CPS apologises for DNA disc blunder
Civil Service pass-the-parcel
The Crown Prosecution Service has apologised unreservedly for misplacing a disc of DNA profiles sent by Dutch authorities in January 2007.
The 2,159 DNA profiles from crime scenes were not checked against the UK database until February 2008. This resulted in 15 matches. Because of the delay in dealing with the disc, 11 of the 15 suspects had already gone on to commit further crimes in the UK.
The disc contained DNA profiles but no identifying information - the idea was to find matches between the two databases first, then get the legal clearance to link those to actual database entries.
A review by Peter Lewis, chief executive of the CPS, found the disc was sent unexpectedly to the CPS - it should have gone to Mutual Legal Assistance, which deals with international exchanges of police information and evidence.
Instead, it was sent by business post in an envelope addressed to CPS's Ludgate Hill office, but not to an individual or even a department.
The disc arrived 29 February 2007. On 2 March a senior manager noticed the disc and contacted Dutch authorities, who told him the right lawyer to contact within the CPS.
The review said: "By March 2007 the Dutch disk was in the hands of the lawyer who, although not expecting the disk, was aware of the background to Operation Thread [as the Anglo-Dutch co-operation was known], knew what was likely to be contained on the disk and should have understood its importance to the investigation of crime in the Netherlands.
"All that was now required was for the disk to be placed in a safe or secure cabinet and for contact to be made quickly with the police to arrange for the secure collection or transfer of the disk. This was a simple task that could and should have been undertaken immediately."
But this "simple task" was not carried out. The disc did not get delivered to the police until almost a year later - January 2008.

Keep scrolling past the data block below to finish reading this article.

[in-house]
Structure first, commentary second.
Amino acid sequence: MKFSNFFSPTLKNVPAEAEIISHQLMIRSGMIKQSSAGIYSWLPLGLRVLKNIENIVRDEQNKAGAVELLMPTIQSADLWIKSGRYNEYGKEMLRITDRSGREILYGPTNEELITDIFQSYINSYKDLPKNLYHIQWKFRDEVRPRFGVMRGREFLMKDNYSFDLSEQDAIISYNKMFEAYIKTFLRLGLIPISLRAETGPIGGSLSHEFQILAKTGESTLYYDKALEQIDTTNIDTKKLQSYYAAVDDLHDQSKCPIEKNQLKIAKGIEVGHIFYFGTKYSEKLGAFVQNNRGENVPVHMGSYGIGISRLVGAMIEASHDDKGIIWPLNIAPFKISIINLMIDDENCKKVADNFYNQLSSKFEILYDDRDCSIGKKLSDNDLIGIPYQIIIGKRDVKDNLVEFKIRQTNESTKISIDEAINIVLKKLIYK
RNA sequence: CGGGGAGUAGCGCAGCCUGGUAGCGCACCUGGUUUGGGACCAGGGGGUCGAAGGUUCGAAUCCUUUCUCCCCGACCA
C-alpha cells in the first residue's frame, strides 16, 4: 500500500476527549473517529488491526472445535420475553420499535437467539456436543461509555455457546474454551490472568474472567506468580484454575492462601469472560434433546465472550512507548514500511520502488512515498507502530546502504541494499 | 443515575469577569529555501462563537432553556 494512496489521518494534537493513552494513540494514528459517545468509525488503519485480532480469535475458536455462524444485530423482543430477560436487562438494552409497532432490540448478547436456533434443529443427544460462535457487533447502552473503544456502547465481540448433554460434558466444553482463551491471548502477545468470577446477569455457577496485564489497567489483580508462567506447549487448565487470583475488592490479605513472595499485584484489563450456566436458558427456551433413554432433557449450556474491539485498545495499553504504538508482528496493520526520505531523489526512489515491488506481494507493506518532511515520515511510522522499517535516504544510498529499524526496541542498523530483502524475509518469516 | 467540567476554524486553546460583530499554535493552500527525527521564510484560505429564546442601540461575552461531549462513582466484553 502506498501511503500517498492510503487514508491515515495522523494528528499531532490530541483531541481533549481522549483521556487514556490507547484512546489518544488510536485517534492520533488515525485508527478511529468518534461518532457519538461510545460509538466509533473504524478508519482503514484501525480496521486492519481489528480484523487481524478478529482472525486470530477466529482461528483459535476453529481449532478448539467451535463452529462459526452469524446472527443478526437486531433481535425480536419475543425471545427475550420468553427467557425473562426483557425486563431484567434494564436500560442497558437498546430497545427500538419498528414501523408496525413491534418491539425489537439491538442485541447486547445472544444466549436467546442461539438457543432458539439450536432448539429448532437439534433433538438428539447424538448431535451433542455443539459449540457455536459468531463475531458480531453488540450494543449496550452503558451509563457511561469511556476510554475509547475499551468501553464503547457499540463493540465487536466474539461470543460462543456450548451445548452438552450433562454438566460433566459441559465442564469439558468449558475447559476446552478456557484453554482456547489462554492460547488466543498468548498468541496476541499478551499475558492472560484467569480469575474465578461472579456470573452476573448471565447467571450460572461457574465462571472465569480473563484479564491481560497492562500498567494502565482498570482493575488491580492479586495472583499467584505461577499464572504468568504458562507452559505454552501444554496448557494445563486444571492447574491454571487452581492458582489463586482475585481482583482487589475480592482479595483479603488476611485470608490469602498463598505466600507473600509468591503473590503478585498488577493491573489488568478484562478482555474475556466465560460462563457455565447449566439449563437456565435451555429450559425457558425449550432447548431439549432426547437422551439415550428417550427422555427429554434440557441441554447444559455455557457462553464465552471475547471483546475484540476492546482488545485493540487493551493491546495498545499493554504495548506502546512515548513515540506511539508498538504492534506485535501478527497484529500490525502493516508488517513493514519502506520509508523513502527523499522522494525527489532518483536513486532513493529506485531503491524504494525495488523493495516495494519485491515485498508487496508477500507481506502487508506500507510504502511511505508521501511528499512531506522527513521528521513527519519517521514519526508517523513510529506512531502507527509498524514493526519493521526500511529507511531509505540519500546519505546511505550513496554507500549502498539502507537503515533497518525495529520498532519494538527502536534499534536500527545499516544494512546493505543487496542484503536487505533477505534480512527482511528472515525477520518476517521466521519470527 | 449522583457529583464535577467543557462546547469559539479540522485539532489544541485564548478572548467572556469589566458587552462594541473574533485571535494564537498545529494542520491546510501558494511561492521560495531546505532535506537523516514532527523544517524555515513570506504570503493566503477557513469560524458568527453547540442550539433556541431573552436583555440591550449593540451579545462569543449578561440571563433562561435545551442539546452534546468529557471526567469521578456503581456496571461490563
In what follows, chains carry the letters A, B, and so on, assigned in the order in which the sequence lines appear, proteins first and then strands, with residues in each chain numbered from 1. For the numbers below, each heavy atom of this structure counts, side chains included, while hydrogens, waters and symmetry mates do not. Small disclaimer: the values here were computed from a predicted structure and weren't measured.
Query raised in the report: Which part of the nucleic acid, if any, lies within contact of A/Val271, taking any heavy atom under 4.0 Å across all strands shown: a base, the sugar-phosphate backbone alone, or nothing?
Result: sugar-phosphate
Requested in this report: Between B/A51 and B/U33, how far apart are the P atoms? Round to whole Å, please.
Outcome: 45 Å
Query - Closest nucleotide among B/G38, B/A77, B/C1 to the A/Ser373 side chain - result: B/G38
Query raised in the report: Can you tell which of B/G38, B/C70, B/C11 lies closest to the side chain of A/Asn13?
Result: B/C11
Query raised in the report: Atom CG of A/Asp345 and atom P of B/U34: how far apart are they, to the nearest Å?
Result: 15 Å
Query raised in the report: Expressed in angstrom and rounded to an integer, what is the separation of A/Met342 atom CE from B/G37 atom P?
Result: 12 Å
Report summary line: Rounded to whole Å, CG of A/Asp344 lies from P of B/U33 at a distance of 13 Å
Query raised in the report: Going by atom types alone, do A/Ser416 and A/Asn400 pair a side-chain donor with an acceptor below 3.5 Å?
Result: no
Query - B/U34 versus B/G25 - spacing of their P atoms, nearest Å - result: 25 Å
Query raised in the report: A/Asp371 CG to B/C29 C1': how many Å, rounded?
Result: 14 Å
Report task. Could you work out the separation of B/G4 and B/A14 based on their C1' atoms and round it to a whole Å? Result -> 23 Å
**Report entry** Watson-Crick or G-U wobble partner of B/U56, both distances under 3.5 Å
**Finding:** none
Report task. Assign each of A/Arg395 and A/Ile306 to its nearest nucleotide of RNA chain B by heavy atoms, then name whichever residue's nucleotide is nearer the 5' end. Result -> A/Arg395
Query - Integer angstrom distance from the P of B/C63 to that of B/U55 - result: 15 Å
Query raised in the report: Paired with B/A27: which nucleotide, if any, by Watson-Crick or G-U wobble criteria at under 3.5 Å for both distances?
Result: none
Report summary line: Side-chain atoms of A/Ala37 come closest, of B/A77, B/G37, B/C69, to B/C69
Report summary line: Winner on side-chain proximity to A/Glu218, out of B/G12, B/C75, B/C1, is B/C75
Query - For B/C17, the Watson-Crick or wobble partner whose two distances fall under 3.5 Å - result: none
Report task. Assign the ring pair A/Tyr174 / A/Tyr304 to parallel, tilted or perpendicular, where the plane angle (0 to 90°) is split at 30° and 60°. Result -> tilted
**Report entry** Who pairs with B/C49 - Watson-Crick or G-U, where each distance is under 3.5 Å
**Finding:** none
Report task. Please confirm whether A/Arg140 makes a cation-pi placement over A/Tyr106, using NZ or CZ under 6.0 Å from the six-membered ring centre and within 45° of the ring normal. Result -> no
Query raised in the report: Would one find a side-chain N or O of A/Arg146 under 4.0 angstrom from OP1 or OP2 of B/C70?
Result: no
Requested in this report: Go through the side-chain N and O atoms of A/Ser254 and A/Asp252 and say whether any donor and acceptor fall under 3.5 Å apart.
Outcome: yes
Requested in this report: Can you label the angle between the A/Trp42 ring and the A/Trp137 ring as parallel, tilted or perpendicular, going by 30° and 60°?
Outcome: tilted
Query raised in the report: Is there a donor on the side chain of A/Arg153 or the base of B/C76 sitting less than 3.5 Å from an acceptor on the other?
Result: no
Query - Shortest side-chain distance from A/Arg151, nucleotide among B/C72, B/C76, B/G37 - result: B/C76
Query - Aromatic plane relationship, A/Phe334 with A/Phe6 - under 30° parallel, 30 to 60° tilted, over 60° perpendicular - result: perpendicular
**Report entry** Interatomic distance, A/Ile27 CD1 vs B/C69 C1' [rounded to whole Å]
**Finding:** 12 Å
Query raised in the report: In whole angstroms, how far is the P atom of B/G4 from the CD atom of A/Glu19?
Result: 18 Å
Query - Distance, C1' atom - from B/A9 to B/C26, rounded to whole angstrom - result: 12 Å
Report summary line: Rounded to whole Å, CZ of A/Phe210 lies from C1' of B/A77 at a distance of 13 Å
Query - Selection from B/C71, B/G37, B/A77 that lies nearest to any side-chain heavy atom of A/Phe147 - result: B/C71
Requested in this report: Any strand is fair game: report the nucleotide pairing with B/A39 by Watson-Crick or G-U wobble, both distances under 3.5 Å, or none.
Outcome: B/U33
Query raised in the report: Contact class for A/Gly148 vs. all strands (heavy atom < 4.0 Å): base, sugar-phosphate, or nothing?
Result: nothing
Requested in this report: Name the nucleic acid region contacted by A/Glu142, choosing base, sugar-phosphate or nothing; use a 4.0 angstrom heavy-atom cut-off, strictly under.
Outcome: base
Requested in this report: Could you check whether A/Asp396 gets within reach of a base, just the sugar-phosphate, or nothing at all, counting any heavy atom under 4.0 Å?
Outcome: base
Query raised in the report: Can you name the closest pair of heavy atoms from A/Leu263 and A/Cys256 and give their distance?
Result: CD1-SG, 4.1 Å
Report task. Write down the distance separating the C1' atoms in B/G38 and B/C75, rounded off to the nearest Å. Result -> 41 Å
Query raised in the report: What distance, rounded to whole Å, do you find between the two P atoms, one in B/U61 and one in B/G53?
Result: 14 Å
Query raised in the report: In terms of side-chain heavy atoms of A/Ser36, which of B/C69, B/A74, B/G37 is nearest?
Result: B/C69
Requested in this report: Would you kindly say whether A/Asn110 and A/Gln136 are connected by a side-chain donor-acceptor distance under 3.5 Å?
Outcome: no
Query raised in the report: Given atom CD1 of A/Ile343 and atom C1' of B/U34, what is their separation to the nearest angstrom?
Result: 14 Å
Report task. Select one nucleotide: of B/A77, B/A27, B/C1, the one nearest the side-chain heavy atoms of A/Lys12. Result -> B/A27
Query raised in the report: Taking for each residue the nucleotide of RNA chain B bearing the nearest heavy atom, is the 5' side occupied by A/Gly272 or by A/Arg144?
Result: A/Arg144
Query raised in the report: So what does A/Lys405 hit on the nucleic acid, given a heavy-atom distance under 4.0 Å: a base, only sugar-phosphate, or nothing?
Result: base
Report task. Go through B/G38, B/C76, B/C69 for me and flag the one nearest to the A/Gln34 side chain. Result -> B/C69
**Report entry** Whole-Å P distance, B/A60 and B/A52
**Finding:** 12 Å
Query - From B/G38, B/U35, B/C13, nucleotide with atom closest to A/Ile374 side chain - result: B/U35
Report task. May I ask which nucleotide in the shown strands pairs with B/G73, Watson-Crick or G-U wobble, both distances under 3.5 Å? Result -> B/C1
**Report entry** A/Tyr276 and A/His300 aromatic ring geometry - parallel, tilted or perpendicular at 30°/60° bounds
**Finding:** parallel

The report gave a brief summary of the disc's travels, or lack thereof, in that period.
The lawyer who had the disc took an unexpected and lengthy leave of absence in early April 2007. This person did not tell their manager about the disc. In late April Dutch authorities asked about the disc, but nothing was done.
In August 2007 the CPS searched for the disc and could not find it. On 14 August the Home Office cheekily asked the Dutch if they could pop another copy in the post. The report notes: "The Dutch Authorities were more concerned about the whereabouts of the original disk and the matter was not pursued."
In late October the lawyer returned from their leave of absence. The disc was found and police contacted 21 November.
The report said: "There followed an almost casual exchange of correspondence over the next two months... The disk was eventually collected by NDNADB [National DNA Database] on 11 January 2008."
No evidence was found that the disk was copied or ever left the CPS offices.
The report is circumspect about actual crimes committed as a result of this failure, because: "A number of individuals who may have felt they had successfully escaped justice in the Netherlands are now at risk of arrest and it would be very unfortunate if a fuller reporting of Operation Thread alerted them to their vulnerability and caused them to go into hiding, flee the jurisdiction or impede investigations in the Netherlands."
The report made several recommendations for improving data transfer in future, but said: "It is essential that understandable concerns caused by both the delay in executing Operation Thread, and the uncertainty of its final outcome, do not in any way diminish enthusiasm for similar exchange agreements with other partner states in the future." ®
I bet the procedure wasn't defined in the IT contract.
I remember several commenters in the past taking the trouble to explain the hassles for a government IT supplier doing anything which isn't already defined in the contract.
Want to bet that there's no procedure to cover apparently mis-delivered CDs (which are a security risk--trojans, vurses, and stuff)?
And there would therefore be no evidence that the disk was copied or left in the office.
Which is completely different to there being evidence that the disk was not copied or left in the office.
It's all in the way you phrase things.
"Further more, if the disc had been crafted such that it was a bomb that went off once it reached a particular angular velocity (ie spinning in a drive)"
You [b]can[/b] take paranoia a step too far you know.
Is this idea even feasible? It needs to be a stable explosive, and be effectively concealed in something that genuinely resembles a CD-ROM disk and have the necessary mechanism to trigger at a certain spin speed, but not when chucked around in the post...